Role of Government in financial inclusion Abstract:- This research paper contains the full information about the financial inclusion of the world’s economic. In this research paper we describe the financial inclusion basic meaning, definitions, scope & significance. Now we move towards the second phase which include role of government & role of banks in financial inclusion. we also include the reforms that has been done by the government and the other government organizations .
We also include the main article that has been given by the different ministers about financial inclusion & its reform.
Financial Inclusion Meaning: Financial inclusion is a policy adopted by many countries to include more people in the financial set up of the country. It aims at tackling poverty and deprivation in the country. In simple terms financial inclusion refers to making the finance or the financial/banking sector more accessible to people. For example: Debit cards, internet banking and direct debit facilities are now common, convenient and cheap ways of paying for goods and services.
Yet there are still people who are excluded from using these services. People who are losing out as they are unable to take advantage of the benefits offered by the range of financial products available. In developing and poor countries like Bangladesh, Nepal, Afgan etc there are many people who do not even have a bank account or who are unable to take advantage of the loans and deposit benefits offered by banks due to various reasons like lack of knowledge, fear, lack of proximity etc. Today, personal debt is at a record igh and borrowing without a bank account means using high interest lenders. Many of the people in this position live in our poorest communities and find themselves without choice or access to basic financial services, making it even more difficult to find routes out of poverty. Defination: Financial Inclusion is the delivery of banking services at affordable costs to vast sections of disadvantaged and low income groups. Unrestrained access to public goods and services is the sine qua non of an open and efficient society.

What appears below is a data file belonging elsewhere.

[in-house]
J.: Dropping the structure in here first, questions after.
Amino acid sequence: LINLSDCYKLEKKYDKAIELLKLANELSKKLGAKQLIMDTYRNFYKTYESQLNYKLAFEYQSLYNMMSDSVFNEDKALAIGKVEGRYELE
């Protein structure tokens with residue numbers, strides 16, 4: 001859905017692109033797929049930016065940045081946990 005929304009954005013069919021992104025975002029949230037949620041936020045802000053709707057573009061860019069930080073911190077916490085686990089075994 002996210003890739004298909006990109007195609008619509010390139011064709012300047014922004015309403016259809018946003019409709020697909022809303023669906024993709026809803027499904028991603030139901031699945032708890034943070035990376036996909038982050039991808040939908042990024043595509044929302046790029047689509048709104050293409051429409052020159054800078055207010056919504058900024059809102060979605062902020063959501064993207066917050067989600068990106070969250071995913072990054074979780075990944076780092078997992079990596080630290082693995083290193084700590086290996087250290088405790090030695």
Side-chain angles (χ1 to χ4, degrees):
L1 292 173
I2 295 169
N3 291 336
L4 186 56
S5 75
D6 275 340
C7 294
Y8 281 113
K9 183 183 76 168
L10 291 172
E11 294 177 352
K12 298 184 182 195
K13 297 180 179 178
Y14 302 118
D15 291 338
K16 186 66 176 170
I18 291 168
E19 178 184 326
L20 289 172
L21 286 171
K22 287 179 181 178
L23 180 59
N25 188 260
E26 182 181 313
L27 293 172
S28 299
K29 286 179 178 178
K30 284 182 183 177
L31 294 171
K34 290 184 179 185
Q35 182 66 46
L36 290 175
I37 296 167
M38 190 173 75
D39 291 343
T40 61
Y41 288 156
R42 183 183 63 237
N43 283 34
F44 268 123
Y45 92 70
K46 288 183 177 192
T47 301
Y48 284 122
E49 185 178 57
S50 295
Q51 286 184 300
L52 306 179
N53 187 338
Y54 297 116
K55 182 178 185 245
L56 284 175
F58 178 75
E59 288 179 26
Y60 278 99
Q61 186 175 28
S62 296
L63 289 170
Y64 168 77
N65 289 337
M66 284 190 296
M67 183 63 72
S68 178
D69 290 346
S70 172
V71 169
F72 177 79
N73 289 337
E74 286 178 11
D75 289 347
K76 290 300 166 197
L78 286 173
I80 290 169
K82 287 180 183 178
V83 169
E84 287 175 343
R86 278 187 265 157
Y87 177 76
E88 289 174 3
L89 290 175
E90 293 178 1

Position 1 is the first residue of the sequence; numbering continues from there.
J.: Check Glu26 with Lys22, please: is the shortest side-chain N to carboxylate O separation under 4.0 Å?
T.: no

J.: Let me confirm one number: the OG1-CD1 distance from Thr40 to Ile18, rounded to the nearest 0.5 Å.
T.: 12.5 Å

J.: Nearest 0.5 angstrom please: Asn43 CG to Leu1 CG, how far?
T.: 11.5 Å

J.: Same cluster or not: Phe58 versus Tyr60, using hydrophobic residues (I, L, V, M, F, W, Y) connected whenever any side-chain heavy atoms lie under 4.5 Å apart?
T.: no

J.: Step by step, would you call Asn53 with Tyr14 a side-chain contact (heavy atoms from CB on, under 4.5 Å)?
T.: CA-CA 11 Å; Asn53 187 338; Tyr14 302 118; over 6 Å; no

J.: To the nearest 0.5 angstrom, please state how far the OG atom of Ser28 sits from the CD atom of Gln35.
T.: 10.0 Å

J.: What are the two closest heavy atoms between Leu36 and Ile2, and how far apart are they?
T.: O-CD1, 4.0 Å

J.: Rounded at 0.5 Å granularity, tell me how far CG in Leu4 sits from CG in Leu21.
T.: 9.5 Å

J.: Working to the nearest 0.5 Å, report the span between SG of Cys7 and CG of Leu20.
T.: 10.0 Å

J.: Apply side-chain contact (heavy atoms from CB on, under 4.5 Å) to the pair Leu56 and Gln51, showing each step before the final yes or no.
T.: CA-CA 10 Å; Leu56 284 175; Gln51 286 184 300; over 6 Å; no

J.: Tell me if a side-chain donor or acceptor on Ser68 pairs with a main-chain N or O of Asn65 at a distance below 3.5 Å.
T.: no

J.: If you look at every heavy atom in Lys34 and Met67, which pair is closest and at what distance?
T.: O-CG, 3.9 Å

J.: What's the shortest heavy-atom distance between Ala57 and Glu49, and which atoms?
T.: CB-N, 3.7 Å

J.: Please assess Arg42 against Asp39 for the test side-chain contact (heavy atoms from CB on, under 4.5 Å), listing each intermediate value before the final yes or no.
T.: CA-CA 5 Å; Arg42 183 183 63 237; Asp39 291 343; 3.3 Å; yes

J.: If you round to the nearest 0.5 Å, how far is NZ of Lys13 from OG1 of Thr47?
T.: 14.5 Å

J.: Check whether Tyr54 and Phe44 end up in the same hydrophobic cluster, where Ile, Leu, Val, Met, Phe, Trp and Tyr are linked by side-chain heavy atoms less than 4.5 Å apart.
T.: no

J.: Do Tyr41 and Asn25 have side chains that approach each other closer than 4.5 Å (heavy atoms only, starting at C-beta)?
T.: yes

It is argued that as banking services are in the nature of public good, it is essential that availability of banking and payment services to the entire population without discrimination is the prime objective of public policy. The term Financial Inclusion has gained importance since the early 2000s, and is a result of findings about Financial Exclusion and its direct correlation to poverty. Financial Inclusion is now a common objective for many central banks among the developing nations. Financial Inclusion in India
The Reserve Bank of India setup a commission (Khan Commission) in 2004 to look into Financial Inclusion and the recommendations of the commission were incorporated into the Mid-term review of the policy (2005-06). In the report RBI exhorted the banks with a view of achieving greater Financial Inclusion to make available a basic “no-frills” banking account. In India, Financial Inclusion first featured in 2005, when it was introduced, that, too, from a pilot project in UT of Pondicherry, by K C Chakraborthy, the chairman of Indian Bank.